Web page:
These men were forced to work under harsh circumstances and if they didn’t they would lose their job. A WPA foreman in the South being interviewed by a questioner from the Federal Writer’s Project claimed that, “As a matter of fact they cannot be sick for more than five days in succession. If they are… they are automatically dropped from the rolls” (document H) demonstrating that these workers cannot afford to be sick if they want to be able to maintain their jobs. Additionally, even though the Black Cabinet was formed during these years, no civil rights reforms became law during the 1930 since the New Deal had no intention of working towards the civil rights movement.
Another minority that was significantly overlooked and even negatively impacted was the Native Americans. As Document G mentions, “Many Indian problems remain unresolved, but every one has been addressed”. Sometimes, by addressing these problems, the government would actually hurt the Native Americans. For example, the Navajo Reduction Program forced hundreds of Indians to kill or sell thousands of their sheep and other forms of livestock; therefore raising the tension between the Native Americans and the government. The New Deal, even though it helped and lessened the economic problems throughout the country, actually weakened the situation of many minorities such as the African Americans and the Native Americans.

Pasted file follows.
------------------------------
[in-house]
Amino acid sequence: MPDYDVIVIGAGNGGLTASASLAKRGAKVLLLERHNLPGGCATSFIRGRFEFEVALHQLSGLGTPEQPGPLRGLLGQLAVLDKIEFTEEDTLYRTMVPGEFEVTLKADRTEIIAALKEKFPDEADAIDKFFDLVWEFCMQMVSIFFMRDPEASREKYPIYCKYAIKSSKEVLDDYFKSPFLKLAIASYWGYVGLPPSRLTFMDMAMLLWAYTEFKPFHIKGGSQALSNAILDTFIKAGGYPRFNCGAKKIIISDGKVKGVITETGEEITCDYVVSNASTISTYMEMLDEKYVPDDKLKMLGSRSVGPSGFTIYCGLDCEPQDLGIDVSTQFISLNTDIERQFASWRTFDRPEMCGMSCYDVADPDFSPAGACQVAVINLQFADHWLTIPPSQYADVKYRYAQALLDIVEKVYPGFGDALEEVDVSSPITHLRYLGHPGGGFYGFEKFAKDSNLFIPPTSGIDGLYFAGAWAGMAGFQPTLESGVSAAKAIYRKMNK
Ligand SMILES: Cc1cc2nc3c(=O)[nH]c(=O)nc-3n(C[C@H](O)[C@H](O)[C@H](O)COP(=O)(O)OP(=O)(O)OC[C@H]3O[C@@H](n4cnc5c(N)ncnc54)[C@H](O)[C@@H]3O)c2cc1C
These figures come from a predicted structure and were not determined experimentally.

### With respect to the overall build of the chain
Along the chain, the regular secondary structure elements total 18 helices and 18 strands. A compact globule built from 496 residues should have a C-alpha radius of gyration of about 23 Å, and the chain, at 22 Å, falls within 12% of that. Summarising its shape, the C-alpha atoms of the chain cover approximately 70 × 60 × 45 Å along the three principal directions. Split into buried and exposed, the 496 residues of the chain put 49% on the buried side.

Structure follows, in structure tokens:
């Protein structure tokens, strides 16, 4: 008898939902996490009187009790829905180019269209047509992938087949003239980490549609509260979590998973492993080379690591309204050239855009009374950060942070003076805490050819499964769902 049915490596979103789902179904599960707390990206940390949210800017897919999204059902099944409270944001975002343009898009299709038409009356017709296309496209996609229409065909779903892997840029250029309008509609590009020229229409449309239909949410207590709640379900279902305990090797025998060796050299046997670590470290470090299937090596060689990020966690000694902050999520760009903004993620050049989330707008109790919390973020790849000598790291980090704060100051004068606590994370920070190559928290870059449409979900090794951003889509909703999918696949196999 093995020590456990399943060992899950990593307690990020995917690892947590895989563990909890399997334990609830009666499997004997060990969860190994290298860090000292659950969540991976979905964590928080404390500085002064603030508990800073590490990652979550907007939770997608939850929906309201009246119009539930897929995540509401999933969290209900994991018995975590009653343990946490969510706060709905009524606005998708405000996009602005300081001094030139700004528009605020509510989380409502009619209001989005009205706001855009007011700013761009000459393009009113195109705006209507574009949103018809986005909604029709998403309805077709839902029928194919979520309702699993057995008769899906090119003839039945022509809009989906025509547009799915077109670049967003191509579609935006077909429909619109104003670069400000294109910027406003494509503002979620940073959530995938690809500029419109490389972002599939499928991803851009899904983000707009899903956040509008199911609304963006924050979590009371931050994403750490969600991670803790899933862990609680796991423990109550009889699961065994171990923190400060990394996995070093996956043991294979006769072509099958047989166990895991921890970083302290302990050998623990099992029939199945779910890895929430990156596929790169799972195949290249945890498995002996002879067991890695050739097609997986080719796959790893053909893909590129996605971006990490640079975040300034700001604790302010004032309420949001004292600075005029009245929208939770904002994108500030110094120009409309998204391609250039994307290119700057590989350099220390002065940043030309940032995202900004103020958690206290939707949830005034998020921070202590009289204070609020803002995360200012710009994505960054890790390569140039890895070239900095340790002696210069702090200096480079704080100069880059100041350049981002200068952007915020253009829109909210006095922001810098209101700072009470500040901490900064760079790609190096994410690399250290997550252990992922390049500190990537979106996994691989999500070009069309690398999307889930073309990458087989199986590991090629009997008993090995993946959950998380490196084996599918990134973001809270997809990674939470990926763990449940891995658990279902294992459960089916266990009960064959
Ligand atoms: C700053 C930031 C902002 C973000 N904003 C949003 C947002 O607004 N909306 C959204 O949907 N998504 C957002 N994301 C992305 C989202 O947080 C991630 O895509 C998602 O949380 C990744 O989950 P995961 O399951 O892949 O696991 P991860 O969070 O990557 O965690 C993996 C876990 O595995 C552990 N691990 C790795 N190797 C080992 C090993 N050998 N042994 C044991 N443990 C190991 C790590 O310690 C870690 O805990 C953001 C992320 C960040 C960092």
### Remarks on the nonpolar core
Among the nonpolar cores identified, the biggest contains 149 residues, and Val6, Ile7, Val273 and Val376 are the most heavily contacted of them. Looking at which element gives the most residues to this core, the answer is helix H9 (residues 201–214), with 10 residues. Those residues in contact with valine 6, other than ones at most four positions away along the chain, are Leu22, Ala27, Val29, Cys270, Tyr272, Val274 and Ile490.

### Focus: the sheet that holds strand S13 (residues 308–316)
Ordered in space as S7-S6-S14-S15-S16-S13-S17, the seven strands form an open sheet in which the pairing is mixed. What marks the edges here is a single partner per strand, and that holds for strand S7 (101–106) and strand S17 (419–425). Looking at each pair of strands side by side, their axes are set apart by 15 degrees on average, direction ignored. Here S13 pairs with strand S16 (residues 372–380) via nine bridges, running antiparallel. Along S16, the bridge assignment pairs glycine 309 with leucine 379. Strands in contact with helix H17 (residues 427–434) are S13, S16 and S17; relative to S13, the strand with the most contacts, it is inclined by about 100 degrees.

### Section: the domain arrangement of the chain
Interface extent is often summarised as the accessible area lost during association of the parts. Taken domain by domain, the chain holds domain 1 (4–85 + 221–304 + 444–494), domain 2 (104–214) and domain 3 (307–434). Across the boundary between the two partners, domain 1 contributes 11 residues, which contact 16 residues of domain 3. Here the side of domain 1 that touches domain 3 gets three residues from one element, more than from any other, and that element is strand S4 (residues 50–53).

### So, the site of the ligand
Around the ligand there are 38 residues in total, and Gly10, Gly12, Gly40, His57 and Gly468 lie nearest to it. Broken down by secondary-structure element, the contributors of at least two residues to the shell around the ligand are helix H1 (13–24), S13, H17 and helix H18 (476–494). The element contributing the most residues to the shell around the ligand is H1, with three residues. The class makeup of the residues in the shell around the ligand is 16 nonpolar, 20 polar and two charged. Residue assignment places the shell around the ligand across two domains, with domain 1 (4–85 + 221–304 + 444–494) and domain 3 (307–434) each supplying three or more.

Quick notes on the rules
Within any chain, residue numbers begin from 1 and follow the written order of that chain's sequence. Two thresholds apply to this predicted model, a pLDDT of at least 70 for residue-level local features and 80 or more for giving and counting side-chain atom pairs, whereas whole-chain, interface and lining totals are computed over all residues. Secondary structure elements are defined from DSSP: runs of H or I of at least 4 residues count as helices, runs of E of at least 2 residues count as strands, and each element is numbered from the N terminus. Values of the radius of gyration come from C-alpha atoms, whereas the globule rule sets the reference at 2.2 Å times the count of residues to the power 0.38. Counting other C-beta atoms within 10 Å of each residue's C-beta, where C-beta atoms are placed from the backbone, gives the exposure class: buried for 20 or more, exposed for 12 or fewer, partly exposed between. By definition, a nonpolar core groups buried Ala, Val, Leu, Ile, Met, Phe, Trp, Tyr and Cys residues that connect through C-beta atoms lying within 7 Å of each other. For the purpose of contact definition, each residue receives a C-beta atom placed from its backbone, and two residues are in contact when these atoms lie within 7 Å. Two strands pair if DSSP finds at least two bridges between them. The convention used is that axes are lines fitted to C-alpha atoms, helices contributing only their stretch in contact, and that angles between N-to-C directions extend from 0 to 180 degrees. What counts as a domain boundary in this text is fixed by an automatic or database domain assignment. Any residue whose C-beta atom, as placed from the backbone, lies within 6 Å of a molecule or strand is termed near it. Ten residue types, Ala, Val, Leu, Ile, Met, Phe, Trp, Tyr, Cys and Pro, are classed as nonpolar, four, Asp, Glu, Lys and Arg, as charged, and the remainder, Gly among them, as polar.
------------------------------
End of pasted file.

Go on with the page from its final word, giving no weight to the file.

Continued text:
The overall population of the United States was significantly enhanced by a number of the programs put into place by FDR through the New Deal. Roosevelt made the purpose of these programs and what he intended to do with them clear through he Fire Side Chats. For example, in one of these many chats, he claims, that “First, we are giving opportunity of employment to one-quarter of a million of the unemployed, especially the young men, to go into forestry and flood prevention work (document B) ” He planned to do this through programs he implemented a short time after such as the CCC and WPA, which gave jobs to young men all over the country, whether they were skilled or not. Slowly, the effect became clear not only in the amount of young men with jobs, but also in the overall attitudes of those in America, which had begun to lose hope. As George Dobbin, he declares that “It’s the first time in my recollection that a President ever got up and said, ‘I’m interested in and aim to do somethin’ for the workin’ man (Document C)” Norman Thomas would have agreed with this whole heartedly since one of this main objectives was to try and support the industrial worker and to improve their conditions.